Posts tagged gardening

All photos by Jennifer Salazar

All photos by Jennifer Salazar

I cannot speak for all landscape architects, but I think many of us found our way to the profession initially through a shared passion for plants. Large trees with their huge trunks and long branches are inspiring for their longevity – beyond so many human lifetimes. Tiny, dainty pansies, mere inches tall are so beautiful with their lively colors. And then there are all the plants in between: flowering vines with lovely smells, colorful orchids with stunning shapes, and my favorite – the ones that provide us culinary spoils – herbs, seeds, and produce.

Back in January, I posted about our backyard kitchen garden. Well, I am back with an update. As they say, it’s the cobbler’s children who don’t have shoes! My dreams were of a lush, overflowing garden of kitchen ingredients that I could use as an endless pantry all summer and autumn for backyard fêtes, like those seen in magazines.

Rosemary with sunflowers

My garden has since offered  a few culinary treats thus far. My biggest challenge is keeping everything watered after planting while the roots are getting established. In the usual morning rush, I often leave the house without watering newly planted plants and seeds, causing them to prematurely perish during warm or hot days.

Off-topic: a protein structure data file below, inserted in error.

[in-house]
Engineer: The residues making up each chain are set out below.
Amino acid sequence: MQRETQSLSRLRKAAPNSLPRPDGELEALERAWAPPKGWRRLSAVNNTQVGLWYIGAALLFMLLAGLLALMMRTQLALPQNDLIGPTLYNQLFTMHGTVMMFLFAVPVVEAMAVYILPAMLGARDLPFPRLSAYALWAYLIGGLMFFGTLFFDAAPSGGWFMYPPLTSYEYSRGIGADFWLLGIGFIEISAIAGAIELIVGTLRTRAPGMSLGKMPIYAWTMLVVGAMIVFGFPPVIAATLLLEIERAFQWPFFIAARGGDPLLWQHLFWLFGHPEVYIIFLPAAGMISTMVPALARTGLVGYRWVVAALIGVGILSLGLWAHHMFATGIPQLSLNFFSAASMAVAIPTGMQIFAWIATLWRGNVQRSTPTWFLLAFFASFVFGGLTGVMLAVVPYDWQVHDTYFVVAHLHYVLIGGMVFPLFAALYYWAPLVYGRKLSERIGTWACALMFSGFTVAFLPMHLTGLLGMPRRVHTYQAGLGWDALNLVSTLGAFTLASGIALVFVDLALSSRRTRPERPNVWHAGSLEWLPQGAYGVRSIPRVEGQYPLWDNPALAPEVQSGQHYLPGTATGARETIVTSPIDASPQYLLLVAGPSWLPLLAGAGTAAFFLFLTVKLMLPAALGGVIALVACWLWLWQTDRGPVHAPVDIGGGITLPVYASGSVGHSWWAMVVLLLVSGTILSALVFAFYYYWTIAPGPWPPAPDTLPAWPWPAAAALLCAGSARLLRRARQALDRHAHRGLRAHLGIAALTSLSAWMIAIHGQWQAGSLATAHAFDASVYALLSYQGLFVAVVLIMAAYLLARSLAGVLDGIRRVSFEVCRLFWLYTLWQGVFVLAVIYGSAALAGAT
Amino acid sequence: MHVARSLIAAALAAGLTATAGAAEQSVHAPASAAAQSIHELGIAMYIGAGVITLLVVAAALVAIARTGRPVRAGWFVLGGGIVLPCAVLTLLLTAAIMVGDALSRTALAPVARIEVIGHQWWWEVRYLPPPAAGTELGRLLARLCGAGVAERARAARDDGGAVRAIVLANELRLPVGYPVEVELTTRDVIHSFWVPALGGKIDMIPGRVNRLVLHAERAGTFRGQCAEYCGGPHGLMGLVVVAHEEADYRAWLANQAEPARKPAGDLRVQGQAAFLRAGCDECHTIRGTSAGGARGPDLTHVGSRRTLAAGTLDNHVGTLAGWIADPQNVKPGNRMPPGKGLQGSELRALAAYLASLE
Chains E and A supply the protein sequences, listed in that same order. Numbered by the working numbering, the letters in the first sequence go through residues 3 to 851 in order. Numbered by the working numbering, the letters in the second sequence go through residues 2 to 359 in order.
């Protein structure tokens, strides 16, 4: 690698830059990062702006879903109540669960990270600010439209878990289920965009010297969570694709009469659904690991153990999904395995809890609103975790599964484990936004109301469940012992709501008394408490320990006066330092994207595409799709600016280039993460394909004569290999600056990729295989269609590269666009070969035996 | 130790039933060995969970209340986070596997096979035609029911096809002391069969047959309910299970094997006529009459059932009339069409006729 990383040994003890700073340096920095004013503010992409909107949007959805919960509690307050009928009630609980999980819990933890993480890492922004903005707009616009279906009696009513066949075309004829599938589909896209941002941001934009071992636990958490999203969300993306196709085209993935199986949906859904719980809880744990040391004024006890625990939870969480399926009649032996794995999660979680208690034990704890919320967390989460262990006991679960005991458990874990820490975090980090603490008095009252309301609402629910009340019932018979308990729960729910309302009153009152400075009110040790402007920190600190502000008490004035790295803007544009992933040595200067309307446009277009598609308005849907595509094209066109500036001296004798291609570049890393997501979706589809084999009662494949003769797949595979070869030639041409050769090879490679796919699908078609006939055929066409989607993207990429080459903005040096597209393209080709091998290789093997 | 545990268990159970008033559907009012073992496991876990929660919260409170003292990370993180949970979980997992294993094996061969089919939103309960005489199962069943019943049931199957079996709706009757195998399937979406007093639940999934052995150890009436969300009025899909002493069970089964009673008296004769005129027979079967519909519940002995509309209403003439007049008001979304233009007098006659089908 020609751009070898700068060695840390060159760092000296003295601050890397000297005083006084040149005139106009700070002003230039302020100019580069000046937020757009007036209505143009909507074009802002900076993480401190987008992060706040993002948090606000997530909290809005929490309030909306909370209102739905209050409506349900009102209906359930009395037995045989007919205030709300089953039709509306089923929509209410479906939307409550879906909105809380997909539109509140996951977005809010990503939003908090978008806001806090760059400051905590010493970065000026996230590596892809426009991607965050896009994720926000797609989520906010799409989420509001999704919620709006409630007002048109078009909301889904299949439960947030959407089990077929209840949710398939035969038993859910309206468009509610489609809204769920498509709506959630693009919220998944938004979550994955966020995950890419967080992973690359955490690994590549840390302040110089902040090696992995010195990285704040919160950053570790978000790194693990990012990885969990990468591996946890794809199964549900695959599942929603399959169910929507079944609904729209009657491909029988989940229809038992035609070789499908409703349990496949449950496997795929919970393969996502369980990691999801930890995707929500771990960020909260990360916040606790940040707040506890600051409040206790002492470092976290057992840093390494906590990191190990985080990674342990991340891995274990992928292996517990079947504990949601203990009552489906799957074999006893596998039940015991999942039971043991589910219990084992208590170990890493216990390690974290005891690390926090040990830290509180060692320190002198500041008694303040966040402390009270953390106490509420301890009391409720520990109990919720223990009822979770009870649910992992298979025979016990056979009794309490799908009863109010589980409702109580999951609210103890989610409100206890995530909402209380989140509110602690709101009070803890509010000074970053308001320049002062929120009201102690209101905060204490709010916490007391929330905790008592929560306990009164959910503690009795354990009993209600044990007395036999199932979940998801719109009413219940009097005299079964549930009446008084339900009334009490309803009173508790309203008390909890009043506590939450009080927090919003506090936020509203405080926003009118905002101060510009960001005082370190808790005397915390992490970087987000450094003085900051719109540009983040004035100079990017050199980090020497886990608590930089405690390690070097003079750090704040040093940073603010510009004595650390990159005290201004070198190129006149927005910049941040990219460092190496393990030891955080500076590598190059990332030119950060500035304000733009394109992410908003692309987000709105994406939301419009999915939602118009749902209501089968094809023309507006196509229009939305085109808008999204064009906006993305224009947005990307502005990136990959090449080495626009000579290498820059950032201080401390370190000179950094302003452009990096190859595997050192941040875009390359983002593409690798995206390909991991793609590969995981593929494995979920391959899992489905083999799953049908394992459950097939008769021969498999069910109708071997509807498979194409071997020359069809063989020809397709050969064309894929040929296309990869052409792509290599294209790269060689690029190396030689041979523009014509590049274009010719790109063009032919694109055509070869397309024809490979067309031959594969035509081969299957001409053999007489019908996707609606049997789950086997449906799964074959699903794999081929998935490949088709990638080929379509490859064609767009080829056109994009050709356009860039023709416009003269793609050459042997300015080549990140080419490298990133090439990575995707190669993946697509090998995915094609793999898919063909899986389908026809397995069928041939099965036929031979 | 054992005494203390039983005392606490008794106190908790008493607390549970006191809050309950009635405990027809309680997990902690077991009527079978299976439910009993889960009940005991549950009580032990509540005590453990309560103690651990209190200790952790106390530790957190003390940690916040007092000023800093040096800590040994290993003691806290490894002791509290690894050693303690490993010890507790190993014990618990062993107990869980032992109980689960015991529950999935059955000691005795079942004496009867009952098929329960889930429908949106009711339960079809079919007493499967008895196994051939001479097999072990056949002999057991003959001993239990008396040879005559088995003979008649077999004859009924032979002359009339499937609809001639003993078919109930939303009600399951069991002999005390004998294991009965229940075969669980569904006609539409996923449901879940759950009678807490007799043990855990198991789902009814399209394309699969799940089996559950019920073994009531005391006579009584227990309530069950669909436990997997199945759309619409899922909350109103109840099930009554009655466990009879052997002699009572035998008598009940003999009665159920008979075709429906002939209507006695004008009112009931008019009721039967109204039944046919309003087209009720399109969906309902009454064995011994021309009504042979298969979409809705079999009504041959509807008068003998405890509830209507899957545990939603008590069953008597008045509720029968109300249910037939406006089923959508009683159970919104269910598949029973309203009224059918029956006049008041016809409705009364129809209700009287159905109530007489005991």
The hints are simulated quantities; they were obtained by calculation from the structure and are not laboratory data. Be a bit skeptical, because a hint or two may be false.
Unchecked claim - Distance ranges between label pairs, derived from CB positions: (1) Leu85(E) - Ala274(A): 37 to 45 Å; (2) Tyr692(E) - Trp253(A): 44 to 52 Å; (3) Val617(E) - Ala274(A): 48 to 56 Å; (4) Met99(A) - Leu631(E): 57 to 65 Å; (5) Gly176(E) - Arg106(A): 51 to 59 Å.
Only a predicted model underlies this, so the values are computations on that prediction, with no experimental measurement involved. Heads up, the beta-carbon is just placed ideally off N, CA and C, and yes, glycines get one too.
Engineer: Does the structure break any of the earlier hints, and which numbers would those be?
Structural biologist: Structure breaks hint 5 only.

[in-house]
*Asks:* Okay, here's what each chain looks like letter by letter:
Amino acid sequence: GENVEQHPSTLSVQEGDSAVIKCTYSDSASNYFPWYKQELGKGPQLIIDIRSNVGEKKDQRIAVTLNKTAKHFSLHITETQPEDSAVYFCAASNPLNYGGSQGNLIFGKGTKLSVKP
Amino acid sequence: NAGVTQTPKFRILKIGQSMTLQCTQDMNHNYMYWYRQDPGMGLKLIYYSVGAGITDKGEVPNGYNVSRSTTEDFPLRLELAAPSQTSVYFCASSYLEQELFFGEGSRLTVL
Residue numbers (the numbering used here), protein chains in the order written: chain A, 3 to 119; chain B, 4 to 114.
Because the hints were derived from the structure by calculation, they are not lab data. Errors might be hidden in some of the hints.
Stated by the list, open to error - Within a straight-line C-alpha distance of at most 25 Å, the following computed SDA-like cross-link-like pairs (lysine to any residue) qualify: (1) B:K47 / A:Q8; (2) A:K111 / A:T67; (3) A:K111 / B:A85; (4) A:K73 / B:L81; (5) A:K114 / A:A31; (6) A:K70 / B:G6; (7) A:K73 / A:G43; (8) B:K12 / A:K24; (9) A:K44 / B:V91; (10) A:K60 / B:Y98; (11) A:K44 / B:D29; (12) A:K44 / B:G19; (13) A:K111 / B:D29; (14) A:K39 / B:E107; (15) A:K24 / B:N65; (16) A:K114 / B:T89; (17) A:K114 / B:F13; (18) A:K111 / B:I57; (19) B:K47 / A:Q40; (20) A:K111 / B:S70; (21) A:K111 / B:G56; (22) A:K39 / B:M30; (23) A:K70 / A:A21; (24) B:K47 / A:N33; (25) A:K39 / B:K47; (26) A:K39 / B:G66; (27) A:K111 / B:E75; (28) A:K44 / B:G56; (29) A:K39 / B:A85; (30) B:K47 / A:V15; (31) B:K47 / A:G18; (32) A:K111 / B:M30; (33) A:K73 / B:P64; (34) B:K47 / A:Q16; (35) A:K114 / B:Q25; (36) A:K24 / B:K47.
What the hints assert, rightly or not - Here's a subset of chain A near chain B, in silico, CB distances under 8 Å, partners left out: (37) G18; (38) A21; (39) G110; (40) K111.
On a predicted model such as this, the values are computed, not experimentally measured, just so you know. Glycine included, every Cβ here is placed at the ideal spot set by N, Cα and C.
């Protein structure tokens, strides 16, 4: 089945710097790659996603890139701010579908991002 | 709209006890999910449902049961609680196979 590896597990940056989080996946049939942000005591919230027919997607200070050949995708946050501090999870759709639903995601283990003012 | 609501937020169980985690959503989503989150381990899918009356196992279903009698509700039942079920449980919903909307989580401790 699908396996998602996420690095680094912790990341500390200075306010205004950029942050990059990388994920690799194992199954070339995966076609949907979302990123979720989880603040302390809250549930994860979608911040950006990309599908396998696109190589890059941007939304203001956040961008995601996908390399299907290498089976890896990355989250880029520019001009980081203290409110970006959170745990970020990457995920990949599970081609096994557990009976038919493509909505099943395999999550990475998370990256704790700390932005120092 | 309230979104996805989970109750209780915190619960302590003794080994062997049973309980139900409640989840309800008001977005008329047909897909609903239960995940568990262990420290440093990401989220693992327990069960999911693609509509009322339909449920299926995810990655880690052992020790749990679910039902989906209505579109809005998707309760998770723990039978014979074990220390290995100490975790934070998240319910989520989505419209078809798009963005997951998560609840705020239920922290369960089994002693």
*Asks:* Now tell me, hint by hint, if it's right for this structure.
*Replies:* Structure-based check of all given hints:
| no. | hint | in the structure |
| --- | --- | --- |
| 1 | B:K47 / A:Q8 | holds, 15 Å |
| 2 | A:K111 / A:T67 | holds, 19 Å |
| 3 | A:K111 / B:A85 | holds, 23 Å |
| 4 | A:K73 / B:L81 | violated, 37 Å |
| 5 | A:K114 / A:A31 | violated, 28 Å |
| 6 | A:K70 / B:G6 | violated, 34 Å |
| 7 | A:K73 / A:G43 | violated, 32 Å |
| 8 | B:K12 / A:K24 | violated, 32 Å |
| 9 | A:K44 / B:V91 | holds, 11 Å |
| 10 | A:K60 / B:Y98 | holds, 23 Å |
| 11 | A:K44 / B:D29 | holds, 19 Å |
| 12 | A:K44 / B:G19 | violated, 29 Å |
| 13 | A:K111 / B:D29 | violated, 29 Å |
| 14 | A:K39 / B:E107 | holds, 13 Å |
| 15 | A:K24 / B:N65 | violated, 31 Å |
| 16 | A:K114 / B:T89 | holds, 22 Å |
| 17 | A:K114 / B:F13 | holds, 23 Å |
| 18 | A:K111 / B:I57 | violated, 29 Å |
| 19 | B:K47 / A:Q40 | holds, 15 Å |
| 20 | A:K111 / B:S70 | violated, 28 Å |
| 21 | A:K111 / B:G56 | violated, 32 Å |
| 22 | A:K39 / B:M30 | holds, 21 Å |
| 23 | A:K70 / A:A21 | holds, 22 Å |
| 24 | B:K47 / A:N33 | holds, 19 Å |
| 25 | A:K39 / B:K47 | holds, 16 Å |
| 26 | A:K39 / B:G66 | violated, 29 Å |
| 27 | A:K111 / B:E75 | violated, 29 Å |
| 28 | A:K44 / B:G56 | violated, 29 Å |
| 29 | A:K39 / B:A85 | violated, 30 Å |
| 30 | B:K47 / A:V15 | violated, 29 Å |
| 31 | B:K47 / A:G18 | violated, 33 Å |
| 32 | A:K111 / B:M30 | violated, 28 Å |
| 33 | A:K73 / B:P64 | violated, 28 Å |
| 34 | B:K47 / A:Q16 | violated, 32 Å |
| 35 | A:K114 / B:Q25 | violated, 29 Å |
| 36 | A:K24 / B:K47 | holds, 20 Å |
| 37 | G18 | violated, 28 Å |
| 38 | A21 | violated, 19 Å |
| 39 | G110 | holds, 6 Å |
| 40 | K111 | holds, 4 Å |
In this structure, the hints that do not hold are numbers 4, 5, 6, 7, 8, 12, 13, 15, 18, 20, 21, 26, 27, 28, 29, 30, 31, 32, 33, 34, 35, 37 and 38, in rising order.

I remember joking one time with others in my profession that it’s not that landscape architects are superior plant people. Instead we tend to know which varieties are lower maintenance because we spend so much time at the office working on OTHER people’s plants and gardens instead of our own.

Meyer Lemon panoramic

Since January the sugar snap peas have grown up the cages. I left them on the vine beyond their time to enjoy the shells too – shelled and frozen for a lovely, fresh, and crisp side dish for Easter supper with the family. After the peas, I planted tomato seeds on two different cage enclosures, caging two “wild” tomatoes that began to grow in another kitchen bed. I think some of the tomato seeds died because they were not watered, OR perhaps they were picked up by the small resident birds in our neighborhood that we see every morning foraging for food in our backyard.

Single sunflower

Eaten sunflower leafThere is also one wild sunflower that miraculously continues to grow upward. I say “miraculously” because the smallest birds perch on the plant’s lowest stems and eat the leaves! When I witnessed this behavior last year, I believed an aggressive worm or family of worms were eating the plant’s leaves. But, lo and behold, one day I caught sight of the little brown birds perched on the swaying leaf petiole, each picking away at the green leaf. I feel okay that these plants are being eaten by another creature that truly needs them if I do not get to them first. Thus, my culinary kitchen has doubled up into a wildlife food source, and it’s really not so bad (at least I am not feeding pigeons!).